Sunday, May 12, 2013
Friday, May 3, 2013
Here is s teeny tiny process breakdown that I often use in my concept process from initial rough to a color presentation.
1.) Thumbnail Rough: I like to rough in all of my initial shapes as quickly and from the gut as possible. This is the part of the process you absolutely do not want to be caught up in. Draw shitty and draw fast just focus on the larger overall shapes and mood of what you are going after, this is design at its purest form before the art steps in. As a side note I like to draw in blue at this stage as it takes me back to my pencil and paper roots and also mentally helps you to understand that this is just a thumbnail sexiness need not apply.
2.) Clean Line Drawing: Now I go in and draw over the original blue line-art layer (usually setting the opacity of the original blue line to around 30-40%. Having this clear separation between the rough and the cleanup allows me to fine tune the art language and style without having to fuss over the design too much. My biggest advice if you ever want to ease the struggle of concept art/design is to learn how to separate the design process from the art process and tackle one at a time. (I know people may balk at the idea of even identifying them as different parts but I only want to illustrate the idea of this process as simple as possible.)
3.) Color block in: Nothing fancy here. I set the original line-art layer to multiply and then a new layer underneath to block in flat opaque color. I will also colorize the line-art to a hue that compliments my underlining color (shift+u and select the colorize tab in the lower right you will have to adjust the saturation and lightness for readability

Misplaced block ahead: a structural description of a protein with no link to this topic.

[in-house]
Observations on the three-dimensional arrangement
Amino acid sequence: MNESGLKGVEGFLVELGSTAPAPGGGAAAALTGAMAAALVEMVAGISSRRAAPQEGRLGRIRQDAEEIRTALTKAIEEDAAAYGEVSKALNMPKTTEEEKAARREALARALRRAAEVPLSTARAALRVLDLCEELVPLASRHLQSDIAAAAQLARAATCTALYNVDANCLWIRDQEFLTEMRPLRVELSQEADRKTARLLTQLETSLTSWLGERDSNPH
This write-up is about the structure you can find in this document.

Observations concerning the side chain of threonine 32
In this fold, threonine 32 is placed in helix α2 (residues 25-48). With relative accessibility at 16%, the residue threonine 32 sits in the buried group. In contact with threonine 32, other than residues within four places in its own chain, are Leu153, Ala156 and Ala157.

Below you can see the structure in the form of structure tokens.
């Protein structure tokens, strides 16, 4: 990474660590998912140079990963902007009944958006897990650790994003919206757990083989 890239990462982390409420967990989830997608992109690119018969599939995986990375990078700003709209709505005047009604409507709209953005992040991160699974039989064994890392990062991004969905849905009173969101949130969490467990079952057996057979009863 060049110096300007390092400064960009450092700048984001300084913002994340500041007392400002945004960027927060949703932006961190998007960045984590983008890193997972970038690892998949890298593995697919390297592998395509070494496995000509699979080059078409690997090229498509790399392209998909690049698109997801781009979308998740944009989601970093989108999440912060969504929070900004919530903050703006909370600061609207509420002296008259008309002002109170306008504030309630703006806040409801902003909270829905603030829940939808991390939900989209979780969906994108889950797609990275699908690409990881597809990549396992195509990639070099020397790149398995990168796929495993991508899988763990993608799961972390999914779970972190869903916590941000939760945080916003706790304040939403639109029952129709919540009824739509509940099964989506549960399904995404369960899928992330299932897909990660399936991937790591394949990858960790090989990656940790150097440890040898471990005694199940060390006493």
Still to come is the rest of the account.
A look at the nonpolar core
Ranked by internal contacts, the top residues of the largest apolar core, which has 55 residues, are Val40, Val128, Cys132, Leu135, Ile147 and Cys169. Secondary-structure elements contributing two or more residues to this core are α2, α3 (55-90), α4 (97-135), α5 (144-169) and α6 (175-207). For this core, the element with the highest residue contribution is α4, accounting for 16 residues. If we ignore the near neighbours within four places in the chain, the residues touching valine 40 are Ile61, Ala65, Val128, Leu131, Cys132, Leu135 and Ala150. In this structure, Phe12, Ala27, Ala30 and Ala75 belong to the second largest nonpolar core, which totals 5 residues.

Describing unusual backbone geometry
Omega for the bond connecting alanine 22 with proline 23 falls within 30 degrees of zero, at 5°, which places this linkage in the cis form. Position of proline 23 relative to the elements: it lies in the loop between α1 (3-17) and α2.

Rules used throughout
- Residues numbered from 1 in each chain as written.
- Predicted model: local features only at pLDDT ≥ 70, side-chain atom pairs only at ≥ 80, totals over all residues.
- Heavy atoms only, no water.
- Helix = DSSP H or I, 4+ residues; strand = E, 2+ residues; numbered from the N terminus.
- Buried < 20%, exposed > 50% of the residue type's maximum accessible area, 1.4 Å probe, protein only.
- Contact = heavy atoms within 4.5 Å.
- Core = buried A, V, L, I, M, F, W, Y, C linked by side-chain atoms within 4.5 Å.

4.) Initial lighting: With my color base set I then make a new hard light layer above that and using the color picker I de-saturate the color and use the layer to lay in value overtop of my color. The general rule here is that any value less than 50% will begin to darken and anything lighter will begin to lighten. The key thing is to de-saturate the color so you are not dumping and unneeded pigment onto the canvas.
5.) Further lighting: At this point I will make several new hardlight layer for each additional lighting pass needed. This is useful to keep the rendering smooth and consistent as once you have to many different values being painted on the same layer the effect begins to ‘artifact’ and darken in on itself over areas you have already painted.
6.) Rendering: At this point I like to flatten my layers down and begin rendering directly on the layer as needed. This is when I will start to call out individual details and begin to push my value range to the extremes of light and dark.
7.) Final Touch ups: At this point I noticed my color is a bit to subdued and go back to a hard light layer overlay and this time I saturate my values and begin to overlay contrasting values/colors to pop the image some more. Using a soft tip brush I will go in and add any skin imperfections and details that are needed as well as touch up any additional rendering. The biggest thing here is edge control especially along the silhouette of an object. Having cleanly defined edges will allow you to have a somewhat looser inner read and make a painting feel more finished than it actually is. Another great final touch Is to flatten any of the object layers together except for the canvas. Right click on the layer and select blending options>gradient overlay. Set the blend mode to soft light and style to radial. You can select and drag the light source around on the canvas in real time (also be sure to reverse the gradient so as the gradient fades outward it gets darker). This takes some tweaking with opacity and placement but is a solid quick way to solidify a concept piece for presentation quickly.